Great post. My wife Claudia and I visited EOTW yesterday with a small caravan of friends from various embassies. We climbed down into the caves to rest in the shade after hiking around to the different peaks. We ended up having a great picnic in the valley afterwards too! Thanks for posting the GPS coordinates we hope to take visiting friends there in the future...

Anonymous said...

Love your blog! In the US we have few sources of information about daily life in Saudi. Your blog has given me a much more positive view of the country and its people. I have sent the link to my friends too.

sya said...

nice article... i want to read all of article in this blog,,,
:) thanks 4 share ..

Laylah said...

Thanks for following, Eid Mubarak!

Laylah said...

thank you sya!

Laylah said...

Thank you for the encouraging words and that makes me so happy to hear I've managed to give you a more positive impression of Saudi and the Saudi people. Even though I'm critical of certain things relating to Saudi culture at times, this doesn't mean I view everything as negative here. One of my goals for this blog has always been to give a more realistic and positive image of Saudi to the world. WHat we see in western media is often just highlighting the negatives and exaggeration and like the most recent "women only city" proved, downright lies too!

Laylah said...

Billy I'm glad you found it and enjoyed the site!

Laylah said...

Thank you! They are from several different visits :)

Laylah said...

Soile did you guys camp out there too? Maybe we can do that someday inshallah :)

Laylah said...

Thanks Katri! there re so many amazing places around here, you should definitely visit!

Laylah said...

Hi Franscesca and I agree it's really spectacular out there!

tasneem said...

lovely pics there setting up a Muslim westerner Shash by London Ghazi why don't u join? I'm English born in Saudi Arabia. n go to Arab school so I speak 2 languages.in fact im a teenager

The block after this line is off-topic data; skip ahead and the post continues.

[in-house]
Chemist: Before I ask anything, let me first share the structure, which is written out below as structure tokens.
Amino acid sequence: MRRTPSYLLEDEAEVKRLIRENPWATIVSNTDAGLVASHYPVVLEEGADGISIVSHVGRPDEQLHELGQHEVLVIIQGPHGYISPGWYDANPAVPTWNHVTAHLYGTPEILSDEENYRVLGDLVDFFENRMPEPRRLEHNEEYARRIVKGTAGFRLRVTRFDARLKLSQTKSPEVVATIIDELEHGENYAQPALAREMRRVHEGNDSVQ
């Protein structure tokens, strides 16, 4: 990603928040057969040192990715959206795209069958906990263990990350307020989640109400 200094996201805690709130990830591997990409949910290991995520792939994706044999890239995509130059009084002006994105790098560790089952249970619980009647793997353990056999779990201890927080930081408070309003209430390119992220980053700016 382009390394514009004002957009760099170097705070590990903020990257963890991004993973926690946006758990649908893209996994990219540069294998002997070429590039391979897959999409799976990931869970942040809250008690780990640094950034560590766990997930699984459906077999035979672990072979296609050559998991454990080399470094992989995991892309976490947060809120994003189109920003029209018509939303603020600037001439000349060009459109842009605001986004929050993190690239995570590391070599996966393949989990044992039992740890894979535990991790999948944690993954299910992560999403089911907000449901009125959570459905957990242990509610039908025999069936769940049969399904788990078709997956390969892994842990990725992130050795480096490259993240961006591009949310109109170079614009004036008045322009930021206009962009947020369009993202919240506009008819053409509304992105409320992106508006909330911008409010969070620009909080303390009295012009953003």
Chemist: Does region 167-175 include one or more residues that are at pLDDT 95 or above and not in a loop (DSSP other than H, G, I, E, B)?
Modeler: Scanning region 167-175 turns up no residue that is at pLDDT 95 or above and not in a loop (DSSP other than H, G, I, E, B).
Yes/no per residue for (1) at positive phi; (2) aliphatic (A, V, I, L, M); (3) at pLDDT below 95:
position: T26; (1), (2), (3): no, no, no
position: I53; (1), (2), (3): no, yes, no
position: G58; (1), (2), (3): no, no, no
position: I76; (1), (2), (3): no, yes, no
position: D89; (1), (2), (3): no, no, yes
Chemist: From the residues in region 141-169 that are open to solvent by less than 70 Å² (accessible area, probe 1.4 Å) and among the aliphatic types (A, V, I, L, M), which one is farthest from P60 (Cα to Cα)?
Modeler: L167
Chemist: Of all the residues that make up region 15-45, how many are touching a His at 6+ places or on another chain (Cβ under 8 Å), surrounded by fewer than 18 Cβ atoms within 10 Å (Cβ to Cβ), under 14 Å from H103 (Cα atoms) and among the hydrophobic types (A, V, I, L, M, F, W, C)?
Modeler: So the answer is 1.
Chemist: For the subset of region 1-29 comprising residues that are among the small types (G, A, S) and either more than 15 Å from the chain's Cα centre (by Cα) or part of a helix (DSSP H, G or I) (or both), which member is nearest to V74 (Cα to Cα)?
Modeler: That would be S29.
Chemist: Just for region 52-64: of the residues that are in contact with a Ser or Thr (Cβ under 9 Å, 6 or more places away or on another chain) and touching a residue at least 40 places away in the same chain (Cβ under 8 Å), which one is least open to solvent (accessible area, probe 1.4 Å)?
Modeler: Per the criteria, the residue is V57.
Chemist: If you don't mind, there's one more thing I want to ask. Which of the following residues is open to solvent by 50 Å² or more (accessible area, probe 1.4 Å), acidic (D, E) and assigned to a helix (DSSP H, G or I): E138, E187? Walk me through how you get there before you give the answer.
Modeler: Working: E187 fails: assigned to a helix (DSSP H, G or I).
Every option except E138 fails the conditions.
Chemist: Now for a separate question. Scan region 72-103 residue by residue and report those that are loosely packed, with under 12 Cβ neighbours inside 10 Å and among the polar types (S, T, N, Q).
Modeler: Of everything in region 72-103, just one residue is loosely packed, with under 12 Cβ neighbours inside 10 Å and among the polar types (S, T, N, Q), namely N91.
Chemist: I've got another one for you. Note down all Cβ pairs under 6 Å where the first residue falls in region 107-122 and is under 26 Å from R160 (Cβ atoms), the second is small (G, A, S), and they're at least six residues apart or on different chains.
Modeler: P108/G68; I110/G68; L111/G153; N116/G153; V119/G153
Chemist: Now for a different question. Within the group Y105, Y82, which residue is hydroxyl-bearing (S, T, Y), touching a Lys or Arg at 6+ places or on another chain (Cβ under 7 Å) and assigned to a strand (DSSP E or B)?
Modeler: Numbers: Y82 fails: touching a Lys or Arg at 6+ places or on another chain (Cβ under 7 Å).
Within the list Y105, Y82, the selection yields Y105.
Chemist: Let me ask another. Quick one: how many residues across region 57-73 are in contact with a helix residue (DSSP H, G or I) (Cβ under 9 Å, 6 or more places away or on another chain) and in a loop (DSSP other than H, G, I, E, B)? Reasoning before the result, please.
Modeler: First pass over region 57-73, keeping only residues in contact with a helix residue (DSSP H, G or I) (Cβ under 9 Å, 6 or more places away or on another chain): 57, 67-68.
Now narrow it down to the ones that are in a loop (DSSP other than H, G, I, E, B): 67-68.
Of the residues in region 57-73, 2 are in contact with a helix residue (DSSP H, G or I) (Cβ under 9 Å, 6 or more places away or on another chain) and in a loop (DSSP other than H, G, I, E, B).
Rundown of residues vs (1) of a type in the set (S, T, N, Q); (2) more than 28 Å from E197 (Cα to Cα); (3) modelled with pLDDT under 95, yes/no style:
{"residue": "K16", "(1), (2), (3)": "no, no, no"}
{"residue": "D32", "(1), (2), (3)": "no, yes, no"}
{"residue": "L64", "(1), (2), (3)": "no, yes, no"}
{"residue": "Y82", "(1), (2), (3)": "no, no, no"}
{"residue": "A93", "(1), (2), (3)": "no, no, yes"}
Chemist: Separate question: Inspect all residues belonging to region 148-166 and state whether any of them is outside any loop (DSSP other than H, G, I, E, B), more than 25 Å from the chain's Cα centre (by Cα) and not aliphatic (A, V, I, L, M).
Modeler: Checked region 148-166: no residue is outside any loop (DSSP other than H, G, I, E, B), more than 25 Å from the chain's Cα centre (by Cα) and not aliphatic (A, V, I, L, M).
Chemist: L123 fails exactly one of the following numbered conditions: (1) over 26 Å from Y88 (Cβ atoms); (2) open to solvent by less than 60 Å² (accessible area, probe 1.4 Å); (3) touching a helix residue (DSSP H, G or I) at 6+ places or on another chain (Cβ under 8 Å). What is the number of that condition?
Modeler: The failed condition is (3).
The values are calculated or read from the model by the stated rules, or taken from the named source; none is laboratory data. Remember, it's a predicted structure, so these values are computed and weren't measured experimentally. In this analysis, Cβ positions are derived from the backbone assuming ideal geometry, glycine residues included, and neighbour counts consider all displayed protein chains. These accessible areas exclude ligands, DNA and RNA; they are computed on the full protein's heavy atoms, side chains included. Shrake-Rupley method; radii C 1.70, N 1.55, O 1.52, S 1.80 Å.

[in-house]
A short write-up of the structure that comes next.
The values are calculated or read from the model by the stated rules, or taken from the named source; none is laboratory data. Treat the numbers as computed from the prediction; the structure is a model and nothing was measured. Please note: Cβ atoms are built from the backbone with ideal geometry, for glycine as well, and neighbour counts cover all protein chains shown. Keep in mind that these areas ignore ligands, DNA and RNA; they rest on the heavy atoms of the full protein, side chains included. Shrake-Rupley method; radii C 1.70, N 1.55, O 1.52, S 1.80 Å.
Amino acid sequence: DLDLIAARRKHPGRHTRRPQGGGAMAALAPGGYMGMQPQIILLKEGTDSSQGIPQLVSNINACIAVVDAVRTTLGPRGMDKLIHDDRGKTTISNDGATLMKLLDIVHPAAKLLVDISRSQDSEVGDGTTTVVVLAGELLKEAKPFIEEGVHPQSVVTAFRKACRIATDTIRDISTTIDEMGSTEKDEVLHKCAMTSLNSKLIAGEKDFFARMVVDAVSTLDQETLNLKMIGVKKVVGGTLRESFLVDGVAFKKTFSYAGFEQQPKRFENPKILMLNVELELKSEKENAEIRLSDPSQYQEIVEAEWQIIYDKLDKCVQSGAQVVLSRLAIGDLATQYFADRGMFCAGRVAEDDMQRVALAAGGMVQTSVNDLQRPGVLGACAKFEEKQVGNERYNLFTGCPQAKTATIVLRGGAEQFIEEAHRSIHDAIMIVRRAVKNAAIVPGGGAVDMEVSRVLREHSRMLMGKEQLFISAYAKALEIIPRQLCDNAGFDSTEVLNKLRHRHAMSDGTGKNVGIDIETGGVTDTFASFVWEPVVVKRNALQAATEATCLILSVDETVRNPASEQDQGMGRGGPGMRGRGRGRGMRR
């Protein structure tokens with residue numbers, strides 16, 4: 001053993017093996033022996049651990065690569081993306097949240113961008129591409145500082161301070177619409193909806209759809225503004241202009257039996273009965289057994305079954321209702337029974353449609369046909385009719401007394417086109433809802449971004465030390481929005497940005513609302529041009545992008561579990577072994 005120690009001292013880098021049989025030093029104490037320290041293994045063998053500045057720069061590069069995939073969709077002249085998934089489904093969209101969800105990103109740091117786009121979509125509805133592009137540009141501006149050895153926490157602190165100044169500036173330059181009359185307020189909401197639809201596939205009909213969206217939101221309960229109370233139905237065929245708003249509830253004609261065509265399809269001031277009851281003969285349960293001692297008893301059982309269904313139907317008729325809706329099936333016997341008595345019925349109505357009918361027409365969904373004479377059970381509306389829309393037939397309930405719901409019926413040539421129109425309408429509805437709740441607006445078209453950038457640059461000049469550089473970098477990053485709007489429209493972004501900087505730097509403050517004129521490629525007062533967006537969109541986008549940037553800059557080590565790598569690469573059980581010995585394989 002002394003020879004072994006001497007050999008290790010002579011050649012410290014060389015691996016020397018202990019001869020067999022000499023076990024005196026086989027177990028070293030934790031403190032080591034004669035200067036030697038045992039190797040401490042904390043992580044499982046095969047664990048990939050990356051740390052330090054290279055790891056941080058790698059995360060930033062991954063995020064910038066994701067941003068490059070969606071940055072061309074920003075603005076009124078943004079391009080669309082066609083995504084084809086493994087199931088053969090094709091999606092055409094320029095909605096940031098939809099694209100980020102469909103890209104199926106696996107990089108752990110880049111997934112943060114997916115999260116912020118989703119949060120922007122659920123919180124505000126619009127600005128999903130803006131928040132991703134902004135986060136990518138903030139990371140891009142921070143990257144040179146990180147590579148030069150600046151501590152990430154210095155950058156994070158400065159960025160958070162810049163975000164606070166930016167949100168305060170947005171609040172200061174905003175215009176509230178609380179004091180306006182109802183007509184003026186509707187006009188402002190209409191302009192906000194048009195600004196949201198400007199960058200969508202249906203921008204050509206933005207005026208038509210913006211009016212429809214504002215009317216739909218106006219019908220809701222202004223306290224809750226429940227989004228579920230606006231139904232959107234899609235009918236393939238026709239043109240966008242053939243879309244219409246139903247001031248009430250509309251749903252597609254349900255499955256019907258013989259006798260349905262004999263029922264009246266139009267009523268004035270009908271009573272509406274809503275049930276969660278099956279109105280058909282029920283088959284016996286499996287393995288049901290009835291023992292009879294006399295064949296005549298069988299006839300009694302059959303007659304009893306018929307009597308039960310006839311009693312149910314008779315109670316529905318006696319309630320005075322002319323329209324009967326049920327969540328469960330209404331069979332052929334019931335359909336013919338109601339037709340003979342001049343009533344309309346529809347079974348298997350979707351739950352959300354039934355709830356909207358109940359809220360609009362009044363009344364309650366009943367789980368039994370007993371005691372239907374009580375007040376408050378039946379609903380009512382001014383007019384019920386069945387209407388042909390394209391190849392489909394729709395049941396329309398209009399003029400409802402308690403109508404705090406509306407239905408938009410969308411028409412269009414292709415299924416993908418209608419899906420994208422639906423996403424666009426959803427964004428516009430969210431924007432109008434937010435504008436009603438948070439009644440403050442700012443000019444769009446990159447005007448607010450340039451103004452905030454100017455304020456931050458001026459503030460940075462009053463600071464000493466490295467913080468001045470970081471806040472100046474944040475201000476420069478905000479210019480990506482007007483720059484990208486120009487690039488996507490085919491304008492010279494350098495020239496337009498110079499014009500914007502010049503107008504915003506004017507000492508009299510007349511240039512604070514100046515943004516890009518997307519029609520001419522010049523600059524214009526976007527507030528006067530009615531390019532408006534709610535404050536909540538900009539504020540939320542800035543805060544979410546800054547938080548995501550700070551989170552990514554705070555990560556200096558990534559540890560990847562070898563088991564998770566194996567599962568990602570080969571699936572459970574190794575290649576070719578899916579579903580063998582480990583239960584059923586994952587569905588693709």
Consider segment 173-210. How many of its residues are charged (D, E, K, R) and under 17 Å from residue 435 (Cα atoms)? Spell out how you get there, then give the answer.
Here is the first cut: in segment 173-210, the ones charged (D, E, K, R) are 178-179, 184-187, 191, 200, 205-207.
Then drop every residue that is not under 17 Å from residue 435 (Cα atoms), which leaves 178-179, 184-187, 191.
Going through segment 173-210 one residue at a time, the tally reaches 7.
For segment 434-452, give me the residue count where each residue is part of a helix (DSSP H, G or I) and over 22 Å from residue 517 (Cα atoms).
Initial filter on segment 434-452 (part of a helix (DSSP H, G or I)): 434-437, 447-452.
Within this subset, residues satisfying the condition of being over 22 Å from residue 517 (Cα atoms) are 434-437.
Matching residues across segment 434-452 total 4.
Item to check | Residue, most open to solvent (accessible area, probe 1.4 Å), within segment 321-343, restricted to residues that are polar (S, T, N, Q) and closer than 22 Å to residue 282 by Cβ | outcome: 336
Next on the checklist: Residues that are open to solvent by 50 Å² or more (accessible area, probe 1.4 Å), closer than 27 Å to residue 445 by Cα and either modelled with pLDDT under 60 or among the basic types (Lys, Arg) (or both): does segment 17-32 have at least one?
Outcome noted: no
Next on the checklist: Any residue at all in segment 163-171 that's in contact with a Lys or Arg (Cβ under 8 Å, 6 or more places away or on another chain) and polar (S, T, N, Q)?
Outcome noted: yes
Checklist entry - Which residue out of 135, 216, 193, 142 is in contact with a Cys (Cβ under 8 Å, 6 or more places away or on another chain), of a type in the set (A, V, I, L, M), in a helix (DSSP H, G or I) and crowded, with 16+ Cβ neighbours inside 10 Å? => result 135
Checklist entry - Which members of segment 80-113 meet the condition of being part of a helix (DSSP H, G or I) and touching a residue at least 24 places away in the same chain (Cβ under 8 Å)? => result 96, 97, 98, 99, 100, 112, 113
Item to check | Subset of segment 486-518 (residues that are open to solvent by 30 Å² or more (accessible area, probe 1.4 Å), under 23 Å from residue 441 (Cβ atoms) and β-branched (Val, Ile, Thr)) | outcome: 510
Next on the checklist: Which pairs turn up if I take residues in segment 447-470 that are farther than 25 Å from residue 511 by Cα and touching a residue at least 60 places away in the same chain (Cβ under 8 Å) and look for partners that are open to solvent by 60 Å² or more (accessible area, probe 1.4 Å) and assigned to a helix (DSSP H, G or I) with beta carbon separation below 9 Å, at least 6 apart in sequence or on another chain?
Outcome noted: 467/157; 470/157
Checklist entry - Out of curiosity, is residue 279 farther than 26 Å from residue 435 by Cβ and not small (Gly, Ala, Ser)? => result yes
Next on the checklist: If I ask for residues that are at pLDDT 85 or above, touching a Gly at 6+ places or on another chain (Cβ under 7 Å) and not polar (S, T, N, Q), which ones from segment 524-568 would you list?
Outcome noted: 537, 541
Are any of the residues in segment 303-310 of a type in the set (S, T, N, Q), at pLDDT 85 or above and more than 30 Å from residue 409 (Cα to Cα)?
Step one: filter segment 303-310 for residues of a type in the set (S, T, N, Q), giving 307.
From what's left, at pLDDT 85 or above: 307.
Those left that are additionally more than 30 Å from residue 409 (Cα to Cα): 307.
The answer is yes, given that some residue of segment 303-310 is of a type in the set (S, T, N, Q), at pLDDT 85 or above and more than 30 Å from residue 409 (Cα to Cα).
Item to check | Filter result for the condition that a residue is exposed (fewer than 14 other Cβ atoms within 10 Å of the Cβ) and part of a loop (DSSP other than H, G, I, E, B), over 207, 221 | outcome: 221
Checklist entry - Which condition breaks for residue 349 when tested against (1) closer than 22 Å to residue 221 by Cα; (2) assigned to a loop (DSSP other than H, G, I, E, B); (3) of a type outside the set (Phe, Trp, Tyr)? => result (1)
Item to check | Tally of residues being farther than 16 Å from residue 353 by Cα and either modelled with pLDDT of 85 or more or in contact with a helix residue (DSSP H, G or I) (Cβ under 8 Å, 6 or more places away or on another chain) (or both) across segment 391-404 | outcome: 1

Laylah said...

hi there, yes I've heard of the SHASH, sounds like a great idea as Long as they allow EVERYONE which means also Saudis.

Zara said...

great photos. i wish i was there!!

Anonymous said...

Hey Billy did u find the way open? I tried to go to EOTW one month ago with a group of friends but we found the access closed, some people there told us that something happened there (too many westeners partying , camping an so on) and they decided to close the way to it. Is it now open and reachable?

Archiaston Musamma said...
This comment has been removed by the author.
Sarfraz Abbasi said...

This is about the 10th time i have come to this post since i found it. Im kinda obsessed to capture this with my camera. unfortunately, and lets just say mistakenly i didnt buy a 4 x 4. I was really happy with my sedan, until i saw this post.

now im trying to get my suv friends to get to this place.should be blast to visit this. will show you the pics if and when i visit it. thanks for a great post and im sure your directions will really come in handy. been checking that spot on the google maps and you are right, keeping to the right side is acacia valley is a great tip.

have a good day

Ali Anwar said...

Made the trip today and this has to be one of the most spectacular views on the planet. Your directions were spot on :) Great write up

Romana Simmons said...

This is such a great resource that you are providing and you give it away free. I love seeing website that understands the value of providing a quality resource for free.
Regards
Road Edge Guide Posts

Anonymous said...

would you know who the western nurse was who fell?